Patient was started on intravenous liposomal amphotericin B (3 mg/kg/day) and ganciclovir (2.5 mg/kg/day). Cyclosporin was stopped. After 2 days, he developed severe abdominal pain with hypotension. Computed tomography scan of the abdomen showed pneumoperitoneum and dehiscence of posterior wall of the stomach with leak of contents. Patient was taken for urgent exploratory laparotomy, which revealed 3 cm × 3 cm rent in the posterior wall of the stomach. Distal gastrectomy along with debridement and feeding jejunostomy was done. Postoperatively he remained on inotropic, ventilatory and dialytic support. Liposomal amphotericin B was continued along with ganciclovir and antibiotics. However, his condition progressively worsened, and he succumbed to the infection. The course of illness is shown in [Figure 2].
Figure 2: Timeline of events during course of illness. (RTX - Rituximab, DFPP - Double filtration plasmapheresis, IL2RA - Interleukin 2 receptor antagonist, MP - Methyl prednisone, HD - Hemodialysis)

Click here to view

  Discussion Top

Renal transplantation is the best treatment modality for patients with ESRD. Traditionally, renal transplant across blood groups was considered as contraindication in the past; however, with the availability of present day immunosuppression, this no longer holds true. The commonly used triple-drug immunosuppression along with induction therapy has improved graft survival but leaves the patient susceptible to a variety of opportunistic infections, of which fungal and viral infections are the leading cause of morbidity and mortality.[4]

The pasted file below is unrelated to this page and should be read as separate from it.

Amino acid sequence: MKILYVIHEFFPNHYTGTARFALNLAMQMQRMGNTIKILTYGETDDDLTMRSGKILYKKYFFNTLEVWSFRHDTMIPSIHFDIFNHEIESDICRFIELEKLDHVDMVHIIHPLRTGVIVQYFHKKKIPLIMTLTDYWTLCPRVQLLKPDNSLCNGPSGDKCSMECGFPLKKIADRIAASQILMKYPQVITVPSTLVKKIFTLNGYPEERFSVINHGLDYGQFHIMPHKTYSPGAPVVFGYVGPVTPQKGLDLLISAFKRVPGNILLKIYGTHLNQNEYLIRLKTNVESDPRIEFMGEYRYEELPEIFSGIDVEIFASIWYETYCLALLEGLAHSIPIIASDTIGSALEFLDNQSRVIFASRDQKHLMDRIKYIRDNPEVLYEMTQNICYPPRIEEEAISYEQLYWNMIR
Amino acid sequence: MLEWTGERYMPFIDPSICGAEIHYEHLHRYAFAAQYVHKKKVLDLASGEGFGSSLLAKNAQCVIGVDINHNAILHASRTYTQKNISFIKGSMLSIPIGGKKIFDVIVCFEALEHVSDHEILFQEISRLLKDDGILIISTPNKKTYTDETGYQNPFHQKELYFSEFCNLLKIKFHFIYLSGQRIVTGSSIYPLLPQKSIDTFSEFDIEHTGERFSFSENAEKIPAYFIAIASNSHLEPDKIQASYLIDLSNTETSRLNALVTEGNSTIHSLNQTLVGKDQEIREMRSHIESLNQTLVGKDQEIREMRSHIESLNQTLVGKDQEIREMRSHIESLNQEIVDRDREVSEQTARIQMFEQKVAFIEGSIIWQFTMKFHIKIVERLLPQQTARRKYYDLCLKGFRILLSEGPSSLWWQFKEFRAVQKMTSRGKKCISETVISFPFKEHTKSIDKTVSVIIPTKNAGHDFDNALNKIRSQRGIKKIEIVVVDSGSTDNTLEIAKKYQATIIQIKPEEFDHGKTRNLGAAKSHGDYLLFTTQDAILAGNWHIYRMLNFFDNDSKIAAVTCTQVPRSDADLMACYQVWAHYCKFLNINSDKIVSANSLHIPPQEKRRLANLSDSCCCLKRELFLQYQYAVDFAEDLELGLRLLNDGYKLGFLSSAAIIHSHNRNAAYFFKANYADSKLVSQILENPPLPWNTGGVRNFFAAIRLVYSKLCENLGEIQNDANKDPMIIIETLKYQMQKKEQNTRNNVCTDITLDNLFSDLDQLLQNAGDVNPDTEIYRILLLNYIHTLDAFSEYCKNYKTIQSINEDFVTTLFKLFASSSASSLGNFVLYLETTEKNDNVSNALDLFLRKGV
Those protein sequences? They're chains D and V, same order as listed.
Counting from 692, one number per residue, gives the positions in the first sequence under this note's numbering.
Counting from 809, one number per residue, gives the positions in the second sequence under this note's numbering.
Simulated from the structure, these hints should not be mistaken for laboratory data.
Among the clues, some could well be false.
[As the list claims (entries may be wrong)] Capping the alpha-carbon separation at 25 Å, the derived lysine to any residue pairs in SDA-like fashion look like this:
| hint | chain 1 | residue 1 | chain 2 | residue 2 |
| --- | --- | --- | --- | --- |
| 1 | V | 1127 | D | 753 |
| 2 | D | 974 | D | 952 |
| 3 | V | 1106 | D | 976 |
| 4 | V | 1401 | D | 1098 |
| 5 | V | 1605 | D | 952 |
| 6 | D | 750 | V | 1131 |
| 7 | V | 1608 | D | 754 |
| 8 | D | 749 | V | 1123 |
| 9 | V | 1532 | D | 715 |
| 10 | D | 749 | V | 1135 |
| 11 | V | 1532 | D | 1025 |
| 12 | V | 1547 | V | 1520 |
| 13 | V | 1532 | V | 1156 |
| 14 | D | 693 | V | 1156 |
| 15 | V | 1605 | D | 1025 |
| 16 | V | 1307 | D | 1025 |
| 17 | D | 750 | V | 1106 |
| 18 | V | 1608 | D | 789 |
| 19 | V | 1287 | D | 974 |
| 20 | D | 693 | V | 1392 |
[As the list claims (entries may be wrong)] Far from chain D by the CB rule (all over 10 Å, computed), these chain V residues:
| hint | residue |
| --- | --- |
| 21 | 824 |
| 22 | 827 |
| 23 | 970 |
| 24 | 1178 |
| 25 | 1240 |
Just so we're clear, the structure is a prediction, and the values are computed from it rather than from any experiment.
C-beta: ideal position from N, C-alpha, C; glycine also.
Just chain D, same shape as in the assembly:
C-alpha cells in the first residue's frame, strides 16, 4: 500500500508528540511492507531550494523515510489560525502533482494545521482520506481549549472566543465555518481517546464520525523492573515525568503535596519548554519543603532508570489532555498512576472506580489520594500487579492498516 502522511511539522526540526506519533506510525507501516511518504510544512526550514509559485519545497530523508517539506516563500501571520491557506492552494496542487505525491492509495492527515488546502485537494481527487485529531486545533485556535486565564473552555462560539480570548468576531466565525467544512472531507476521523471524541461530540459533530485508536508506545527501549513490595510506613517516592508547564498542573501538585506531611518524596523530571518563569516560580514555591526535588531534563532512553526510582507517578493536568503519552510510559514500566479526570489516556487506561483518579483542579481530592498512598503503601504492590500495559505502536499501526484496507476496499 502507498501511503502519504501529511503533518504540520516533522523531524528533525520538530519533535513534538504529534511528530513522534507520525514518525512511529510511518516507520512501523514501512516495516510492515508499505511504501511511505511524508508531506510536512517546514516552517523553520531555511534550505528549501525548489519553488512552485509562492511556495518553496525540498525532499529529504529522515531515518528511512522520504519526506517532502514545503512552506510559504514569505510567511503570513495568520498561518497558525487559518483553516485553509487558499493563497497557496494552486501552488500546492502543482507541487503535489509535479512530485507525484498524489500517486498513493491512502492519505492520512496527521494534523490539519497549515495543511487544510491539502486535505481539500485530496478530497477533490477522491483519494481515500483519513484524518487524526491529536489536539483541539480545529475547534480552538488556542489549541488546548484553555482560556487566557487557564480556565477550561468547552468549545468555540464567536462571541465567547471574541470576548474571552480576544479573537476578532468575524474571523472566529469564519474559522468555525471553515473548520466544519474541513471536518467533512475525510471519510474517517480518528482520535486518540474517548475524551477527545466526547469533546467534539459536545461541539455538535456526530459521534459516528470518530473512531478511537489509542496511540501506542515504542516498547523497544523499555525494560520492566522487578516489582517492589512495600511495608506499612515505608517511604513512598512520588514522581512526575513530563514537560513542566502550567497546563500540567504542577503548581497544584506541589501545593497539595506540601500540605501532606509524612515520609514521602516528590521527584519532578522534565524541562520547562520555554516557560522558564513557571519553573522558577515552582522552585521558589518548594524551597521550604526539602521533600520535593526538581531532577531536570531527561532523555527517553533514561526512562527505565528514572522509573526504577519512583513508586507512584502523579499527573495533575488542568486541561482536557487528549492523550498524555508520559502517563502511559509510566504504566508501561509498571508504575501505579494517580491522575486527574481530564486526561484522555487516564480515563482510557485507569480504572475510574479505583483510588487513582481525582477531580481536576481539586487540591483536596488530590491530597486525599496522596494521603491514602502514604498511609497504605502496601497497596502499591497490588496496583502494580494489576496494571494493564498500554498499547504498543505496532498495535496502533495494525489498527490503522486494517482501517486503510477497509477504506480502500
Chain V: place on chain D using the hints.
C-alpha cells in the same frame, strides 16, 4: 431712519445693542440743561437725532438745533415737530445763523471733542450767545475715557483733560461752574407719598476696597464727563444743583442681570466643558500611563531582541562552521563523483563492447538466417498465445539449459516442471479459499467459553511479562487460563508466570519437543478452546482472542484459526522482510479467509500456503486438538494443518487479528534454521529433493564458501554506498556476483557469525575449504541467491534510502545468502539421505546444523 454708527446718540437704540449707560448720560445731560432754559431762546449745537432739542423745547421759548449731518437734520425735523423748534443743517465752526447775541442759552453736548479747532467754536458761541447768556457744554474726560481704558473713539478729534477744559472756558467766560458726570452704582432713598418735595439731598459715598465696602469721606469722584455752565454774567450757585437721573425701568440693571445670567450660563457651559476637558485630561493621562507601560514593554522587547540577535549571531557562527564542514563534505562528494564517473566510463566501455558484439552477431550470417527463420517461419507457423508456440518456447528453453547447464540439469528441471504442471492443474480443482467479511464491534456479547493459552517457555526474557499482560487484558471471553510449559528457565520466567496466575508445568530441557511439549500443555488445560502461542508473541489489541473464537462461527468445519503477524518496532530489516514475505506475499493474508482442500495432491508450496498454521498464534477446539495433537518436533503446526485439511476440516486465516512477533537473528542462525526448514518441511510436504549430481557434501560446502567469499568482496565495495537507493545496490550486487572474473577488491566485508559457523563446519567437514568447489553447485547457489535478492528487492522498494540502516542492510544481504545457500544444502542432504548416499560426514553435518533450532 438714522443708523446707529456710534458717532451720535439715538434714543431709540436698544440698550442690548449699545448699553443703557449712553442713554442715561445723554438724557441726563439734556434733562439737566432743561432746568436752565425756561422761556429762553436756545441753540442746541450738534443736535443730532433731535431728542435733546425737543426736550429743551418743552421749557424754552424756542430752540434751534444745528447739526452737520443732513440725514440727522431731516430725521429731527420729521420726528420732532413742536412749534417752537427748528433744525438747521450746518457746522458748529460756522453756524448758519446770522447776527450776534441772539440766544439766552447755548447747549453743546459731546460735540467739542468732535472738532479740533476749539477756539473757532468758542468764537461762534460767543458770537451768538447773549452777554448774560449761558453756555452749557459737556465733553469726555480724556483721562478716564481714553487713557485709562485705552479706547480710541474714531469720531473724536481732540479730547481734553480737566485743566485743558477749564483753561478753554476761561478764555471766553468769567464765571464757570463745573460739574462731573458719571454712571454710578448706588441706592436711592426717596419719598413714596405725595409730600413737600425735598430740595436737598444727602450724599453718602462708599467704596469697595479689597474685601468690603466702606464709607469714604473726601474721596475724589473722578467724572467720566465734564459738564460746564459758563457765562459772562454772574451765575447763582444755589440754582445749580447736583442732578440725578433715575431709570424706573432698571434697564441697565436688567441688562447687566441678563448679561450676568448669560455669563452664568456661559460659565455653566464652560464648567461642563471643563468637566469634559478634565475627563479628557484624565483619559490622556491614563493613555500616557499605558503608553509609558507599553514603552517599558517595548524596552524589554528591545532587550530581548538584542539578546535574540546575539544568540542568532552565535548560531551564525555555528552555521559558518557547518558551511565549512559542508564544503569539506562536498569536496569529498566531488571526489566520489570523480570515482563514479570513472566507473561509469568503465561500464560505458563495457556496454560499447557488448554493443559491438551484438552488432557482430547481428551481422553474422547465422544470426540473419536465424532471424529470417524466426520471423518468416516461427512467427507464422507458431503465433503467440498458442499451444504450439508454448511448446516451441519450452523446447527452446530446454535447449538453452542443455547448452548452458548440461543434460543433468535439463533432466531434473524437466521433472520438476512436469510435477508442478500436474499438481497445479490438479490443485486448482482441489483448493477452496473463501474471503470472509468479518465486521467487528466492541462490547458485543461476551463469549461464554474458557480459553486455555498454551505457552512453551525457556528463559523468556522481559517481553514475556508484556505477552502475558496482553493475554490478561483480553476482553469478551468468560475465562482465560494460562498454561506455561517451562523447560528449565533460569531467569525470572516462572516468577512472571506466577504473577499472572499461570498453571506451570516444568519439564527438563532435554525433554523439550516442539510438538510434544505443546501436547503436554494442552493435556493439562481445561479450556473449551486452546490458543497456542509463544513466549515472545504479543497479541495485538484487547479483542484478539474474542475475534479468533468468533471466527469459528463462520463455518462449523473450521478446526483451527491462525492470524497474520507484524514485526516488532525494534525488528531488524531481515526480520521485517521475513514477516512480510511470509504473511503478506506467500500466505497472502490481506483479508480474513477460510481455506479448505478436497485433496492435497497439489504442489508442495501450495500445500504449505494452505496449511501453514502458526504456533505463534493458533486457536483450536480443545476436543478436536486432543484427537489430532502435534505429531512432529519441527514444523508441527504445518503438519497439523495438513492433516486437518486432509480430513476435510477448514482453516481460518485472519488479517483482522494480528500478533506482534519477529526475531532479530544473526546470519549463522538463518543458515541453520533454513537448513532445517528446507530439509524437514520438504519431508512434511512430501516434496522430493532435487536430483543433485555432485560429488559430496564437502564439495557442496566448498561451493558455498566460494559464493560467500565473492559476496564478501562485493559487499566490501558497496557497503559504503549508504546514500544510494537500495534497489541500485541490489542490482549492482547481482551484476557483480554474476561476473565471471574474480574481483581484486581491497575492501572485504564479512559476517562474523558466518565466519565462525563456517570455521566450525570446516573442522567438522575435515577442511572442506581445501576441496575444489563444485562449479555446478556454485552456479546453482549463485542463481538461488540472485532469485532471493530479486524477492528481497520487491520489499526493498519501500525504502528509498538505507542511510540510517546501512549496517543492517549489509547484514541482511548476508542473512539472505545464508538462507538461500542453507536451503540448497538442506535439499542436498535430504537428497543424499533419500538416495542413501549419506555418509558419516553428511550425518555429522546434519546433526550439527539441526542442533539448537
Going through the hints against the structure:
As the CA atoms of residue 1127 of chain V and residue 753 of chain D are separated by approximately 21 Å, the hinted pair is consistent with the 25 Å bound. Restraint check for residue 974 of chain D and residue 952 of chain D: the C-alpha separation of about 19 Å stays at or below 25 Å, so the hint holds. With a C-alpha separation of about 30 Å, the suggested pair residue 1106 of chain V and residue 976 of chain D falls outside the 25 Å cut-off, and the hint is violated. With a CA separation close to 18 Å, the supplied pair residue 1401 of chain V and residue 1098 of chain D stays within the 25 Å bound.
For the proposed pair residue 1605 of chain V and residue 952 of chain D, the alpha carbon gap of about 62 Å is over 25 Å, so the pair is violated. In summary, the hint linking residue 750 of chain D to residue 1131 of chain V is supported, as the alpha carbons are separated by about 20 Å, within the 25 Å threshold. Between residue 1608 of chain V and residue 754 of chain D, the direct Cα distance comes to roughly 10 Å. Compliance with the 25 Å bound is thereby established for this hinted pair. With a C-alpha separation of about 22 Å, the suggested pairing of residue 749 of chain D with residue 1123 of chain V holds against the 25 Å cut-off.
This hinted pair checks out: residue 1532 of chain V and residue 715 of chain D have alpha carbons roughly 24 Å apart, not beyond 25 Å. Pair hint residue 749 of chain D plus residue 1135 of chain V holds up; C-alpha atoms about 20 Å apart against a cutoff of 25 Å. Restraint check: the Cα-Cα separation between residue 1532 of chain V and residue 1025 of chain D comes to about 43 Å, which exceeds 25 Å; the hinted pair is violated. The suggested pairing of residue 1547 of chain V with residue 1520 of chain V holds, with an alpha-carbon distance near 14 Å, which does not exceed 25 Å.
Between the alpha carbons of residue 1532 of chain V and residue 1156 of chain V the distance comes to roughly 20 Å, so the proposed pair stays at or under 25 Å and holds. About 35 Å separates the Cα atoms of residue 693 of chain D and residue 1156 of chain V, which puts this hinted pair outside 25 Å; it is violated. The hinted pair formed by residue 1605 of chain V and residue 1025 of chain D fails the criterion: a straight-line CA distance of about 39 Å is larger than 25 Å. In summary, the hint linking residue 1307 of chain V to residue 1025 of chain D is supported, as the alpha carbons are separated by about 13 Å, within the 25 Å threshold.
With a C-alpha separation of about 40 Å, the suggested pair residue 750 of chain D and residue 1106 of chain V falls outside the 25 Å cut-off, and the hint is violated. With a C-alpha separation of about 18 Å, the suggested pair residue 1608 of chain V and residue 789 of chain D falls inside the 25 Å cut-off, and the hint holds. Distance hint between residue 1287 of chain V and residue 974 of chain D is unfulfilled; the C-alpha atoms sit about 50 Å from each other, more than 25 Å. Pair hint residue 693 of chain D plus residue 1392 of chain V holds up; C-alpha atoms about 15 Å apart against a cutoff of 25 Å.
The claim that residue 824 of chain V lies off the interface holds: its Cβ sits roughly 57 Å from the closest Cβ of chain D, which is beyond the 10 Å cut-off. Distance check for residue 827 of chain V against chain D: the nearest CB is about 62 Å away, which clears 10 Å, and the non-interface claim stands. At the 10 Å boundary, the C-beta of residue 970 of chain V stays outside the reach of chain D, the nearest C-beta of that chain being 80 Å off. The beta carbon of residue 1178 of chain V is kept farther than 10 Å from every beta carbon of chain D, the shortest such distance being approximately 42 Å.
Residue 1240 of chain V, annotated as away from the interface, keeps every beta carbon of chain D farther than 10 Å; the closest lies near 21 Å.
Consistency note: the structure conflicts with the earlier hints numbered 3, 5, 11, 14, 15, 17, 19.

Cytomegalovirus infection remains the most common viral infection postrenal transplant patients.[5] The reported incidence of opportunistic fungal infections is 6–10% of all recipients of solid organ transplants in India.[6],[7] Mucormycosis is a rare life-threatening infection caused by fungi; classified as zygomycetes. Invasive GI mucormycosis is extremely rare and occurs almost always in malnourished or immunocompromised patients. Stomach is the most common site of involvement, followed by colon. Tissue invasion is characterized by necrosis, ulceration, perforation, and hemorrhagic shock. Mortality rate of disease remains high despite aggressive therapy.[3]

The first case of GI mucormycosis in a renal transplant recipient was described by Winkler et al., in a patient who had received antirejection therapy with steroids and anti thymocyte globulin in postoperative period, making her a susceptible candidate for infections. This patient was successfully managed with amphotericin B and omeprazole.[8] There have been very few case reports of gastric mucormycosis in renal transplant recipients in last decade.[9],[10],[11]

Our patient developed invasive gastric mucormycosis within 4 weeks of transplant with severe dyspeptic symptoms and was diagnosed on the basis of upper GI endoscopy and biopsy. Patient also had evidence of coexistent CMV infection on gastric biopsy, which probably predisposed to the fungal infection in this patient. Both fungal and CMV infections are unusual in the 1st month postrenal transplant. This patient developed mixed mucormycosis and CMV infections, probably due to over immunosuppression. Being ABO incompatible transplant, he received rituximab and plasmapheresis as preconditioning therapy and received interleukin 2 receptor antagonist as induction therapy. His initial tacrolimus levels were in the higher range. He also received prolonged high doses of steroids, as he was off tacrolimus and mycophenolate in view of tacrolimus-induced TMA and sepsis. The occurrence of CMV infection early in the course can be attributed to over immunosuppression, which may predispose to other opportunistic infections by its indirect effects like invasive fungal infection in this case. The portal of inoculation for mucormycosis in our patient was GI tract. This can be due to multiple intubations including Ryle's tube, which may have acted as portal of entry. The course of the disease was rapidly fatal due to angio-invasive nature of mucormycosis in spite of surgical exploration and debridement along with antifungal and antiviral treatments at appropriate time.